Yocto/GL: Tiny C++ Libraries for Data-Driven Physically-based Graphics

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Yocto/GL is a collection of small C++17 libraries for building physically-based graphics algorithms released under the MIT license. Yocto/GL is written in a deliberatly data-driven style for ease of development and use.

Yocto/GL is split into two small libraries to make code navigation easier. See each header file for documentation.

  • yocto/yocto_math.{h}: fixed-size vectors, matrices, rigid frames, rays, bounding boxes, transforms, timer
  • yocto/yocto_random.{h}: random number generation, Perlin noise, Monte Carlo integration utilities
  • yocto/yocto_shape.{h,cpp}: various utilities for manipulating triangle meshes, quads meshes and line sets, computation of normals and tangents, linear and Catmull-Clark subdivision, mesh loading and saving, procedural shapes generation, geometry utilities
  • yocto/yocto_bvh.{h,cpp}: ray intersection and closest point queries of triangle meshes, quads meshes, line sets and instances scenes using a two-level bounding volume hierarchy
  • yocto/yocto_image.{h,cpp}: simple image data type, image resizing, tonemapping, color correction, image loading and saving, procedural images, procedural sun-sky, color conversion utilities
  • yocto/yocto_trace.{h,cpp}: path tracing of surfaces and hairs supporting area and environment illumination, microfacet GGX and subsurface scattering, multiple importance sampling
  • yocto/yocto_scene.{h,cpp}: simple scene storage, evaluation of scene properties
  • yocto/yocto_obj.{h,cpp}: OBJ parser based on callbacks (SAX-like)
  • yocto/yocto_pbrt.{h,cpp}: pbrt parser based on callbacks (SAX-like)
  • yocto/yocto_sceneio.{h,cpp}: scene loading and saving of OBJ, pbrt, glTF, and a custom, hackable, YAML format

You can see Yocto/GL in action in the following applications written to test the library:

  • apps/yscntrace.cpp: command-line path-tracer
  • apps/yscnitrace.cpp: interactive path-tracer
  • apps/yscnproc.cpp: command-line scene manipulation and conversion
  • apps/yimgview.cpp: HDR/PNG/JPG image viewer with tonemapping and color grading
  • apps/yimgproc.cpp: command-line image manipulation
  • apps/yscnview.cpp: simple OpenGL viewer

Here are some test images rendered with the path tracer. More images are included in the project site.

Example materials: matte, plastic, metal, glass, subsurface, normal mapping

Example shapes: procedural shapes, Catmull-Clark subdivision, hairs, displacement mapping

Design Considerations

Yocto/GL follows a "data-driven programming model" that makes data explicit. Data is stored in simple structs and accessed with free functions or directly. All data is public, so we make no attempt at encapsulation. All objects is Yocto/GL have value semantic and we do not use pointers in data structure but indices. This means that everything can be trivially serialized and there is no need for memory management.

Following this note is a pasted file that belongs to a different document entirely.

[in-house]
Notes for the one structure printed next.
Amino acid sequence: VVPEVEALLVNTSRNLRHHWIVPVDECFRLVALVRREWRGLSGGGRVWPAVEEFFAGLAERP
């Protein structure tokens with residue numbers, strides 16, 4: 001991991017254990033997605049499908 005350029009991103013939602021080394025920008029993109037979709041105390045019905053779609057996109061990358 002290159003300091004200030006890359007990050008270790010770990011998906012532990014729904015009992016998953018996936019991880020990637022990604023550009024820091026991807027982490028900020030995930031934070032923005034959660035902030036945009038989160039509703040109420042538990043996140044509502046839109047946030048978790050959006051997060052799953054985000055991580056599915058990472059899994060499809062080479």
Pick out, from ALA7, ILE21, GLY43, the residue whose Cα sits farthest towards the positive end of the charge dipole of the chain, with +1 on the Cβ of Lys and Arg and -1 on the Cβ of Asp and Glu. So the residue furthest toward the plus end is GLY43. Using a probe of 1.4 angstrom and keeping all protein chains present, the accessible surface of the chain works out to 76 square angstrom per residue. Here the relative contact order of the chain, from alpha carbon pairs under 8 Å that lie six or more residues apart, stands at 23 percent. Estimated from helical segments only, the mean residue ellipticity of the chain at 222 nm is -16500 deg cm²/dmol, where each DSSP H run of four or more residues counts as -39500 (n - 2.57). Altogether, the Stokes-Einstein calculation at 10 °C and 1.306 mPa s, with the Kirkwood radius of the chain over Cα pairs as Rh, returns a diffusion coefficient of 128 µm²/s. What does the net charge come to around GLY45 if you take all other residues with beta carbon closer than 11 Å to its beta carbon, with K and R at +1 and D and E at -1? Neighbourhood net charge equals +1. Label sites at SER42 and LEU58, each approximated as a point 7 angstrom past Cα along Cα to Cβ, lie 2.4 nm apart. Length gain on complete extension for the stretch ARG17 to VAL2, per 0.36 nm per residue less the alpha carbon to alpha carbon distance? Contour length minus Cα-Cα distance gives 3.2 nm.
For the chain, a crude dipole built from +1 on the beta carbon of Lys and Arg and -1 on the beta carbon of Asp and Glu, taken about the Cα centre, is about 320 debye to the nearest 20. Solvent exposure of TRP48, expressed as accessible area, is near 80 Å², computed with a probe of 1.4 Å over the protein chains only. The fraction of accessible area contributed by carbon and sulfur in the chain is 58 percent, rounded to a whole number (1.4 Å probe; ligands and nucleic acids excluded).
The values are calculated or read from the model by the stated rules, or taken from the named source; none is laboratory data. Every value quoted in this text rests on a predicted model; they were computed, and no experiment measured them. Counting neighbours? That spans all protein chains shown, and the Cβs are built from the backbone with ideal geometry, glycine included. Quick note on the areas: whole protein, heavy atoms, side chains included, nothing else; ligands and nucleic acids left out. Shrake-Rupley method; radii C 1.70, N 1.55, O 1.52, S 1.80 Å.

We do this since this makes Yocto/GL easier to extend and quicker to learn, with a more explicit data flow that is easier when writing parallel code. Since Yocto/GL is mainly used for research and teaching, explicit data is both more hackable and easier to understand.

In terms of code style we prefer a functional approach rather than an object oriented one, favoring free functions to class methods. All functions and data are defined in the yocto namespace so any library can call all others. We do this to make it as easy as possible to extend the library simply by extending the yocto namespace.

The use of templates in Yocto was the reason for many refactorings, going from no template to heavy template use. After many changes, we settled on using few templates for readability.

We use exception for error reporting to reduce code size and make it seimpler to write and more robust io code. This follows the stardard practice in the C++ STL.


This library includes code from the PCG random number generator, boost hash_combine, and public domain code from github.com/sgorsten/linalg, gist.github.com/badboy/6267743 and github.com/nothings/stb_perlin.h. Other external libraries are included with their own license.


This library requires a C++17 compiler and is know to compiled on OsX (Xcode >= 10), Windows (MSVC 2017) and Linux (gcc >= 7, clang >= 4).

You can build the example applications using CMake with mkdir build; cd build; cmake ..; cmake --build

Yocto/GL depends on stb_image.h, stb_image_write.h, stb_image_resize.h and tinyexr.h for image loading, saving and resizing, happly.hpp and cgltf.h for PLY and glTF support, and filesystem.hpp to support C++17 filesystem API when missing. All dependencies are included in the distribution.

OpenGL utilities include the OpenGL libraries, use GLEW on Windows/Linux, GLFW for windows handling and Dear ImGui for UI support. Since OpenGL is quite onerous and hard to link, its support can be disabled by defining YGL_OPENGL to 1 before including this file. If you use any of the OpenGL calls, make sure to properly link to the OpenGL libraries on your system. OpenGL extensions use glad.{h, cpp} For ImGUI, build with the libraries imgui.cpp, imgui_draw.cpp, imgui_impl_glfw_gl3.cpp. For raytracing, we optionally link to Intel's Embree if YGL_EMBREE is defined at build time.

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